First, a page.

There are at least two species: the Indian elephant, Elephas maximus, found in India and SE Asia, and the African elephant, Loxodonta africana, found in Africa S of the Sahara. Recent evidence appears to indicate that African forest elephants are a genetically distinct, physically smaller species, L. cyclotis, from the larger African elephants found on the savannas. The largest African bull elephants may reach a shoulder height of 13 ft (4 m) and weigh 6 to 8 tons (5,400–7,200 kg). Their tusks are more than 10 ft (3 m) long and weigh up to 200 lbs (90 kg) each. Females are somewhat smaller and have more slender tusks. African elephants have enormous ears, measuring up to 42 in. (107 cm) in diameter. The long, conspicuously wrinkled trunk terminates in two fleshy, fingerlike protuberances, used for handling objects. African forest elephants are several feet shorter and weigh about half as much as savanna elephants. The Indian bull elephant reaches about 9 ft (2.7 m) in shoulder height and weighs about 3.5 tons (3200 kg); its tusks are up to 6 ft (180 cm) long. The female of this species has no tusks. The ears of the Indian elephant are much smaller than in the African species, and the trunk somewhat shorter and smoother, ending in a single protuberance.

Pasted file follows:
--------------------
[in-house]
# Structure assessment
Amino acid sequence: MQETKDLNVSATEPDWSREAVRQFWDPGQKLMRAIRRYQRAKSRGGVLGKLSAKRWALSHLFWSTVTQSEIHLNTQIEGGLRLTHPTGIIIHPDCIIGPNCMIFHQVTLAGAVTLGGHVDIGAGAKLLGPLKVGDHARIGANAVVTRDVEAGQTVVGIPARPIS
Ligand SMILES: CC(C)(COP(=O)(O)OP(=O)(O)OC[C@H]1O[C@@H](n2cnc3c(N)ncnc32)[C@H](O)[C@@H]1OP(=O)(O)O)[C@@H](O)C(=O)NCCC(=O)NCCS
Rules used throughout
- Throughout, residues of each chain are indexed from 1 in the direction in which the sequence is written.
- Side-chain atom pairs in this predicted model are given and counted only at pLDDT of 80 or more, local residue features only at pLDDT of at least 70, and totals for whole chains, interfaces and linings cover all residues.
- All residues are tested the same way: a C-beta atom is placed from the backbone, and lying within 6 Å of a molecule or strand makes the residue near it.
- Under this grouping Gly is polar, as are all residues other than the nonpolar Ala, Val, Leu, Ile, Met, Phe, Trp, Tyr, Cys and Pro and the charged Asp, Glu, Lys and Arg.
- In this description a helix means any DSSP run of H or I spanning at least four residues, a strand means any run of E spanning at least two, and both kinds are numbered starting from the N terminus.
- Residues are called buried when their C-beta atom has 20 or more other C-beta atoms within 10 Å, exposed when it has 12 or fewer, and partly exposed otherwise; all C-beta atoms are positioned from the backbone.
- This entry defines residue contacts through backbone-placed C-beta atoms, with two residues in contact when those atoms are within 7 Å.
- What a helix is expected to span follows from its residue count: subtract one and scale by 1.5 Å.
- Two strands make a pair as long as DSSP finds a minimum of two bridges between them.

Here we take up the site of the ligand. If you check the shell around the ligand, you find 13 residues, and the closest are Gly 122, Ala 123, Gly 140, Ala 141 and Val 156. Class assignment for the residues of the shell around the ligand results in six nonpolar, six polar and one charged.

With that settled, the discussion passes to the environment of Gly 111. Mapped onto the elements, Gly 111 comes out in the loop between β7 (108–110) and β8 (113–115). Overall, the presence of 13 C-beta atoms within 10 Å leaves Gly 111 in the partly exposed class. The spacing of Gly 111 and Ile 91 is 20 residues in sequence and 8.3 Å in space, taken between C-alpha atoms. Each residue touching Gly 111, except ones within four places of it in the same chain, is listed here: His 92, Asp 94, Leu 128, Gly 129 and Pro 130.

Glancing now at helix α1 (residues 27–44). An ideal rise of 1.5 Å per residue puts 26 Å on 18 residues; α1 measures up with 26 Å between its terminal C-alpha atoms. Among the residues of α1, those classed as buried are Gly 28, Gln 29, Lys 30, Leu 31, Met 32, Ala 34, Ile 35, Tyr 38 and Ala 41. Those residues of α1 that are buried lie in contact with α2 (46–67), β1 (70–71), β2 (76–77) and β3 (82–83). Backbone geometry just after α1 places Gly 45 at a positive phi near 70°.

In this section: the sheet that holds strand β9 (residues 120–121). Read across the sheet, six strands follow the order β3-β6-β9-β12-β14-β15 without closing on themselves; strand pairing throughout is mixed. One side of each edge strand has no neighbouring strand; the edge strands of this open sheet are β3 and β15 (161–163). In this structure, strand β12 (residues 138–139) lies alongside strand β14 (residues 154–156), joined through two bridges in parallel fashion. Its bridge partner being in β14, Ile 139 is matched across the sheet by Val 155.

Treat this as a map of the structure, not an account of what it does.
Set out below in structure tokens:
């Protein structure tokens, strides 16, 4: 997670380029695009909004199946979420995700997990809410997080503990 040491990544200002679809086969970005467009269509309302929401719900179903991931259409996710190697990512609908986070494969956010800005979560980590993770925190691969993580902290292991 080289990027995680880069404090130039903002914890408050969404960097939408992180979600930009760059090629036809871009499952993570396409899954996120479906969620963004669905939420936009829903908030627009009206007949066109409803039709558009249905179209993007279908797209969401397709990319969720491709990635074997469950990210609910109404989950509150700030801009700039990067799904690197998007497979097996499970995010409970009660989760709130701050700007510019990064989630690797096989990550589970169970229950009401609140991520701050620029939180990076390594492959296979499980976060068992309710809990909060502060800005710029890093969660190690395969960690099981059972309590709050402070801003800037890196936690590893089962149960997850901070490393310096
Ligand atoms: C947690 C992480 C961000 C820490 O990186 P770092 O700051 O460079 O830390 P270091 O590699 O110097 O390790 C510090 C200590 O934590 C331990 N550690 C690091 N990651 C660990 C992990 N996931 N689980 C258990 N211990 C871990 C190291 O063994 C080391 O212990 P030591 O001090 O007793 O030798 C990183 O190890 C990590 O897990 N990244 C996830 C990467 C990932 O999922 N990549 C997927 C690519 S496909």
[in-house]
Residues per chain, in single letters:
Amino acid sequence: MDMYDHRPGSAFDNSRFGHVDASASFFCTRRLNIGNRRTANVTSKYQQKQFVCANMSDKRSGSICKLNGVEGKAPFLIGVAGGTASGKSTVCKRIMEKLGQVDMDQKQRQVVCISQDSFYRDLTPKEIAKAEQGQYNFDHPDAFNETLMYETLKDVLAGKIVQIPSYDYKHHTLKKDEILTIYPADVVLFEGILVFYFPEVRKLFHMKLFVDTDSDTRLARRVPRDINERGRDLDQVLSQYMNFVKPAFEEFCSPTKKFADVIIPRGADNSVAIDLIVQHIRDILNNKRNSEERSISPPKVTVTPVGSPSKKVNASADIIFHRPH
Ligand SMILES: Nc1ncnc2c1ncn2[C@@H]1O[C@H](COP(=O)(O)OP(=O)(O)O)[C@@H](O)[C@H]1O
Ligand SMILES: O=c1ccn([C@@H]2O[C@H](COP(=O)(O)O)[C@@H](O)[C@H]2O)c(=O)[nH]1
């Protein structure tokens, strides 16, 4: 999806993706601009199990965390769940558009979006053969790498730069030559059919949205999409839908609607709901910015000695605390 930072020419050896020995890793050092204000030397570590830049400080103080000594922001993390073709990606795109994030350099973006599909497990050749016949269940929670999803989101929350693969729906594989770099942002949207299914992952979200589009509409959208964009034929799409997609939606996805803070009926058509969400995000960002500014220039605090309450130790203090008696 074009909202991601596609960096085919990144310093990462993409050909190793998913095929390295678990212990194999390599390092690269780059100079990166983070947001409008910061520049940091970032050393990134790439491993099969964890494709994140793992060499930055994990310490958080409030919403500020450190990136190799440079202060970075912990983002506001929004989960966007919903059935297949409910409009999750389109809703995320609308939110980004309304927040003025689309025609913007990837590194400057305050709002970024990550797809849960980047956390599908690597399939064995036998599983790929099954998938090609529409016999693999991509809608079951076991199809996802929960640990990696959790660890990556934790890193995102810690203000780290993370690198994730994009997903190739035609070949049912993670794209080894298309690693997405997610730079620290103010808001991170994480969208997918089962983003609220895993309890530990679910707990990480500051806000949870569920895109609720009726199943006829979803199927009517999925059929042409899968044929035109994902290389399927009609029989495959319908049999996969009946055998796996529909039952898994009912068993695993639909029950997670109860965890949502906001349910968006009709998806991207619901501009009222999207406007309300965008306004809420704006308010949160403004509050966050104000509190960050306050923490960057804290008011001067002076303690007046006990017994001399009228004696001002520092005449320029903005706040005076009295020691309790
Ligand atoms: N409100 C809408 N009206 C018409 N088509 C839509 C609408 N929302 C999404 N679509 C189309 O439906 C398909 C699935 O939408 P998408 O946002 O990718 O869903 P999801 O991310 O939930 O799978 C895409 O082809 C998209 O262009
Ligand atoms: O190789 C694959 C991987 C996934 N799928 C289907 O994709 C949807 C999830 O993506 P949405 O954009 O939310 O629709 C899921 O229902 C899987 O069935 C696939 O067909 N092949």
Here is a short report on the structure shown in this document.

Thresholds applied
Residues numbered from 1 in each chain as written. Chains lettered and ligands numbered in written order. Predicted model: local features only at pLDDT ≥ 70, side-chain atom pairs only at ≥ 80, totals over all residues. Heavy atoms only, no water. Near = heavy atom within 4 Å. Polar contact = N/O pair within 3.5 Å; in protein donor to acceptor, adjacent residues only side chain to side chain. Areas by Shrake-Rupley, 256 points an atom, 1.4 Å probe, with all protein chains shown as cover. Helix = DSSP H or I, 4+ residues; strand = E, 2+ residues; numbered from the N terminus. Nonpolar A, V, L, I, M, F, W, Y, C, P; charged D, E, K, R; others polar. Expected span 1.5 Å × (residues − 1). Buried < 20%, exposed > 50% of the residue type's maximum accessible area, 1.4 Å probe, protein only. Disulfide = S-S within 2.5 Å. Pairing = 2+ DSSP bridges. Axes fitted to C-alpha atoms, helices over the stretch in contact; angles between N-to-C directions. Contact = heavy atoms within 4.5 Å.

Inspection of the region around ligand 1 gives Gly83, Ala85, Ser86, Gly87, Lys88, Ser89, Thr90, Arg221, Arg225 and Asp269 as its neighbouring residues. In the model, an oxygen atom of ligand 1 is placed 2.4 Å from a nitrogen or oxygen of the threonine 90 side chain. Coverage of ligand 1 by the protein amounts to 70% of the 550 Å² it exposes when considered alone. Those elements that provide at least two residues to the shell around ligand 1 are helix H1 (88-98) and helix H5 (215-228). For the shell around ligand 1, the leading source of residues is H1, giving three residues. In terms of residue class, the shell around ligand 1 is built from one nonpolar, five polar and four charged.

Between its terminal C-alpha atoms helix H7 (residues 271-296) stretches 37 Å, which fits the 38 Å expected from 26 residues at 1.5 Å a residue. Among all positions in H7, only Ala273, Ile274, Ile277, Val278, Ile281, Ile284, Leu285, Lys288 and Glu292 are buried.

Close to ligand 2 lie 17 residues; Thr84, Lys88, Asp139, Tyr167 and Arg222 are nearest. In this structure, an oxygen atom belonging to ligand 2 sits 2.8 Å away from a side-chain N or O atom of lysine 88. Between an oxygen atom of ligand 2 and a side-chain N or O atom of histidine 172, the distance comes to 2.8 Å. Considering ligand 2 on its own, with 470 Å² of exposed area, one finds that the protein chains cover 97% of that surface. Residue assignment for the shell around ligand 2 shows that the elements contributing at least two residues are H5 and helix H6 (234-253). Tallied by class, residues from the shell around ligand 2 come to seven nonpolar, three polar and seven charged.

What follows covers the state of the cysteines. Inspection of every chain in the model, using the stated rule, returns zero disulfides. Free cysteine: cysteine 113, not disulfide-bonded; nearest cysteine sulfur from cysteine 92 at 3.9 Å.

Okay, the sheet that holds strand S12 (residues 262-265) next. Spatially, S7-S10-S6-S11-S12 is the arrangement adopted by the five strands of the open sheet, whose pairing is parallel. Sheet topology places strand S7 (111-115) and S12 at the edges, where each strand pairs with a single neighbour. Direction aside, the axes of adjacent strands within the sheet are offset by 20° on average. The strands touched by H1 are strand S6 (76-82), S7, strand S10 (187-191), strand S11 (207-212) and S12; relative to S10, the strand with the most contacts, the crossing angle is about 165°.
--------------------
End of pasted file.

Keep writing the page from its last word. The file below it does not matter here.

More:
The Columbia Electronic Encyclopedia, 6th ed. Copyright © 2012, Columbia University Press. All rights reserved.